Gender in the Middle East; What it Means to be an Arab Man

Gender: it’s a socially constructed concept that defines the roles of men and women. In Arab societies, both roles struggle daily with hardships. The patriarchy, though ruling all, isn’t serving males any justice. Men might be privileged in some aspects, but they still have issues of their own. While women all over the world are fighting inequality with feminist movements, the struggles men face often go unnoticed and Arab men continue to face oppression. So what does it mean to be an Arab man and what does gender in the Middle East mean for those who live there?

On the meaning of ‘manhood’

Little boys are raised to be men. What defines a man in the middle east, though, is all kinds of wrong. The phrase “be a man” is one we hear and say all too often. Subconsciously, everyone knows what is implied. It means you need to be tough. You mustn’t show any emotion or weakness. It means you have to be brave; there is nothing to fear. Ever. To be a man, you must never ask for help, because “being a man” and “absolute strength” are synonymous. Be aggressive. Be a winner.

Society creates these notions and the number of people who believe in these ideas only serve to empower them. Any Arabic household will portray clearly the oppression men can encounter on daily basis. A son may gain some advantage just because he is a boy, but for the same reason, he needs to fit into a specific mold. It’s still sexism, just not the kind we’re used to talking about.

As little boys, they crave their mother’s love and support and as time passes by, the expression of those emotions begins to mean weakness. Boys start to hide their need for attention, intimacy, and reassurance, growing numb in the process. They get praised then for aggressiveness and expressions of anger, and in doing that, they give birth to the generalized idea that men are violent and dangerous, in itself a form of oppression.

They are raised to be fighters who can withstand the toughest of situations, or else be called sissies. Simultaneously, they are asked to be “gentlemen”, holding doors for others, giving away their seats, giving away money, providing generously. It’s a tough line to tread.

The institution of marriage can represent imprisonment for Arab men too.

While marriage oppresses women horribly, this is nothing new to us, but holy matrimony can oppress men too. From childhood until death, men are directed towards working hard and making as much money as they can. As the Egyptian saying goes, men shouldn’t be ashamed of anything other than not having money. If that doesn’t reduce a man to a breadwinning machine, what does?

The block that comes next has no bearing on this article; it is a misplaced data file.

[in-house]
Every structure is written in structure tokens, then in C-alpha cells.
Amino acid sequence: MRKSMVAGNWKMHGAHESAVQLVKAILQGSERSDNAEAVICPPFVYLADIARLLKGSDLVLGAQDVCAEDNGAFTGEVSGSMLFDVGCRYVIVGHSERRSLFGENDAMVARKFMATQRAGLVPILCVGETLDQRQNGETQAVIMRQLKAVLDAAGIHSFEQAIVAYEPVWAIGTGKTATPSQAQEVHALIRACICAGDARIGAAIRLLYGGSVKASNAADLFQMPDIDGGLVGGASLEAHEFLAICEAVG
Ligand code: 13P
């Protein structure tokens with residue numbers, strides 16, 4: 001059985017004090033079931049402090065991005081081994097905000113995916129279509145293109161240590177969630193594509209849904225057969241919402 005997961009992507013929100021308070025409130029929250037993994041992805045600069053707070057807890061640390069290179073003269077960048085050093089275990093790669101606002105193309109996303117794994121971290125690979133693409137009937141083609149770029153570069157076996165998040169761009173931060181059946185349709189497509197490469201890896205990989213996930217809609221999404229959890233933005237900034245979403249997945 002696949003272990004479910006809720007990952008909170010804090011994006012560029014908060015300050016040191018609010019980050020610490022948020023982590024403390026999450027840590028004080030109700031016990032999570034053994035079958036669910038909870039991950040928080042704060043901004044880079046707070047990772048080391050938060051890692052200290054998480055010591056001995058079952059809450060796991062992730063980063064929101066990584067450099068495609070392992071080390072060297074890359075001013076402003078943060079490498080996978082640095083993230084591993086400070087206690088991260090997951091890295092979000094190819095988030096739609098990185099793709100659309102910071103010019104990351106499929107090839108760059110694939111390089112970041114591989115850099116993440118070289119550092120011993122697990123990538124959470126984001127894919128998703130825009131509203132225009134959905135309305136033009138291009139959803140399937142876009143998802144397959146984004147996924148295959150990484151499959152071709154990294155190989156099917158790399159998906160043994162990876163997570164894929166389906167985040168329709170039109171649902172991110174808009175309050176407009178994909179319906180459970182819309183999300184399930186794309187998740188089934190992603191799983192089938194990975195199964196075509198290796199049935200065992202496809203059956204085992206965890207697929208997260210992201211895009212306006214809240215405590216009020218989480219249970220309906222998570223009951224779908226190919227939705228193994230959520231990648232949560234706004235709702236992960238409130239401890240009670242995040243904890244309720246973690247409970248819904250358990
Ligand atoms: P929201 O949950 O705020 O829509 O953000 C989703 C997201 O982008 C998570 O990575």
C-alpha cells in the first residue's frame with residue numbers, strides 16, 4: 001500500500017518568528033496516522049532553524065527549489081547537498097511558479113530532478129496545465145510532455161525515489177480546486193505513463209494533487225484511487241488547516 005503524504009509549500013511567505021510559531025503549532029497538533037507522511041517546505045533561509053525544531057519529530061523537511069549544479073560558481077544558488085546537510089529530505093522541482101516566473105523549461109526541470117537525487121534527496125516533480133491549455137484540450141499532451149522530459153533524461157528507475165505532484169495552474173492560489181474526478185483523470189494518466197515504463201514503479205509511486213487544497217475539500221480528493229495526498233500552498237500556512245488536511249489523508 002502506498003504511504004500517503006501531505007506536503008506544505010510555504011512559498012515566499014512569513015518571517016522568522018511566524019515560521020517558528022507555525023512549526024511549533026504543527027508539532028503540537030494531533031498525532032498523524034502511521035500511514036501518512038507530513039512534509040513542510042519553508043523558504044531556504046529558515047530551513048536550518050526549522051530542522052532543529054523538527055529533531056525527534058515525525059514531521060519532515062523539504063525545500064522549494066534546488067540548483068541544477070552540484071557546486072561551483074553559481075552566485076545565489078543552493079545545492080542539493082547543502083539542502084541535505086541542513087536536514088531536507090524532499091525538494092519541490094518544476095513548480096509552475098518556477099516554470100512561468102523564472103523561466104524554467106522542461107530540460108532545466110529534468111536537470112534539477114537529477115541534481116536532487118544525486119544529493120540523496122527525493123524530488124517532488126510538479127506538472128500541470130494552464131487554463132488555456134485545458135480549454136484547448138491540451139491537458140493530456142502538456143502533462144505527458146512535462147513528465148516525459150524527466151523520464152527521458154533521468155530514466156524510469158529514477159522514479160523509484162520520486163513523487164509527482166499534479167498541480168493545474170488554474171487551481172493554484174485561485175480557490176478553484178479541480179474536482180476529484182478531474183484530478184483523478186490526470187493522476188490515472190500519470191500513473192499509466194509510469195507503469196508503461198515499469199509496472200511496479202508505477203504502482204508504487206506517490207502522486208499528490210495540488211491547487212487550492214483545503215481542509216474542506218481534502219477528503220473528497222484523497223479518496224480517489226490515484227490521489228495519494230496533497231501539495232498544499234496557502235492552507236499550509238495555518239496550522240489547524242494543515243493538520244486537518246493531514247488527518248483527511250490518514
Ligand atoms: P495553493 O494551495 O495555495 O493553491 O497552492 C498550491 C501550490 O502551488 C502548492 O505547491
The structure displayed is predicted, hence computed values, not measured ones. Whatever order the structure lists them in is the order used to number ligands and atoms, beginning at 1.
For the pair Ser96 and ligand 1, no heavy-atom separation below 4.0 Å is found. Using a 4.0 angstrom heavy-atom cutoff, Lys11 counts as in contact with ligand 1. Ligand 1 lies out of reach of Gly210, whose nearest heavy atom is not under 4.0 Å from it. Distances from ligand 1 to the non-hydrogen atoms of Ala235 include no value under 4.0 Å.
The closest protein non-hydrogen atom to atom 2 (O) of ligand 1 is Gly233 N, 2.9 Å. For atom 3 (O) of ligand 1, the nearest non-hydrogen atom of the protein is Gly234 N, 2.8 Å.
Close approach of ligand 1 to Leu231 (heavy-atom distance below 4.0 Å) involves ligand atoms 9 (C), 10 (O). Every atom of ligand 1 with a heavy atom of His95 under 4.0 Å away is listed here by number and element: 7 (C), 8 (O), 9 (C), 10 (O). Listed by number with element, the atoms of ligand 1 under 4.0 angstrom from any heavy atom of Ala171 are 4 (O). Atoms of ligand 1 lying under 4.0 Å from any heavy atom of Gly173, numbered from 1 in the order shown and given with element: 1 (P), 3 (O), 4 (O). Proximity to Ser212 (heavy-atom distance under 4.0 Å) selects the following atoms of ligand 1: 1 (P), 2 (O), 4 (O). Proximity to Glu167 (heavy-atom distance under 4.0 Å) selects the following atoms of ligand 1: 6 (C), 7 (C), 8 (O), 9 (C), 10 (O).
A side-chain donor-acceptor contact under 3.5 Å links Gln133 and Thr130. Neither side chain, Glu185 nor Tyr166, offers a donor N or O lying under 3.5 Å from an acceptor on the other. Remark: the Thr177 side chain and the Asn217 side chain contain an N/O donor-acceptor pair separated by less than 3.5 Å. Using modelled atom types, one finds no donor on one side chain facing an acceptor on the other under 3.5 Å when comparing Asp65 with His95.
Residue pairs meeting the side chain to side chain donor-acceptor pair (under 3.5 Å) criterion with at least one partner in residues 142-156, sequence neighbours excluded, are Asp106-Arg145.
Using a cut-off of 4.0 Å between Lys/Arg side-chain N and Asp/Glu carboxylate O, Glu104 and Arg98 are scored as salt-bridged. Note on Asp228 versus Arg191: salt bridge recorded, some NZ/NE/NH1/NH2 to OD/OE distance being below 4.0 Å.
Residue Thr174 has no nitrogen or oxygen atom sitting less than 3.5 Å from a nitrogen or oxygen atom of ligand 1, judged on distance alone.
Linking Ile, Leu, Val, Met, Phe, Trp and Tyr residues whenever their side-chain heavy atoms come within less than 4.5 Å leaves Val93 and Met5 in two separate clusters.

As boys, strength and education are important; one day they need them to acquire the best job, to make money, to be successful, and support a family. Could the focus on earning money deprive them of the chance to focus on other things like being moral, being emotionally intelligent, learning life skills like doing their own house chores and preparing meals? Do we set men up to fail in this department?

When boys grow up hearing about harmful father figures, and how toxic and dangerous men are; they are bound to feel pressure and conflict. The toll this has on a man is unimaginable. But they can’t express emotions or weakness, because: men don’t cry.

Generalizations only add salt to injury

Generalizations about men can often be just as harmful as those made about women. The stereotype of men being more violent and abusive serves only to put them in a box; it’s a complex situation that needs more attention and care on all our parts. Men are often perceived as a threat to women because of these very boxes and stereotypes, and while many men ARE a threat, that doesn’t mean they are ALL a danger. Similarly, men are, for one reason or another, perceived as being more adulterous than women, although there have been reports that the numbers show a different reality. Yet men are still seen as cheaters, while women are seen as being more faithful, women are the victims. This is, of course, not to say that women don’t receive harsher punishments for adultery. Despite the stereotype, or perhaps because of it, men tend to get away with things like adultery and marital abuse.

It’s true that men get free passes in some departments, but when it comes to others, they are quietly oppressed. It makes it difficult to get treated objectively, as human beings. But, it must be said, the very same applies to women. It is exhausting to have to continually prove yourself.

This is how humans made it out to be: men get unjust treatment in some departments, and the same happens for women, especially when it comes to self-expression. Humans continue to chain and limit each other through oppression. But maybe one day we can stop.

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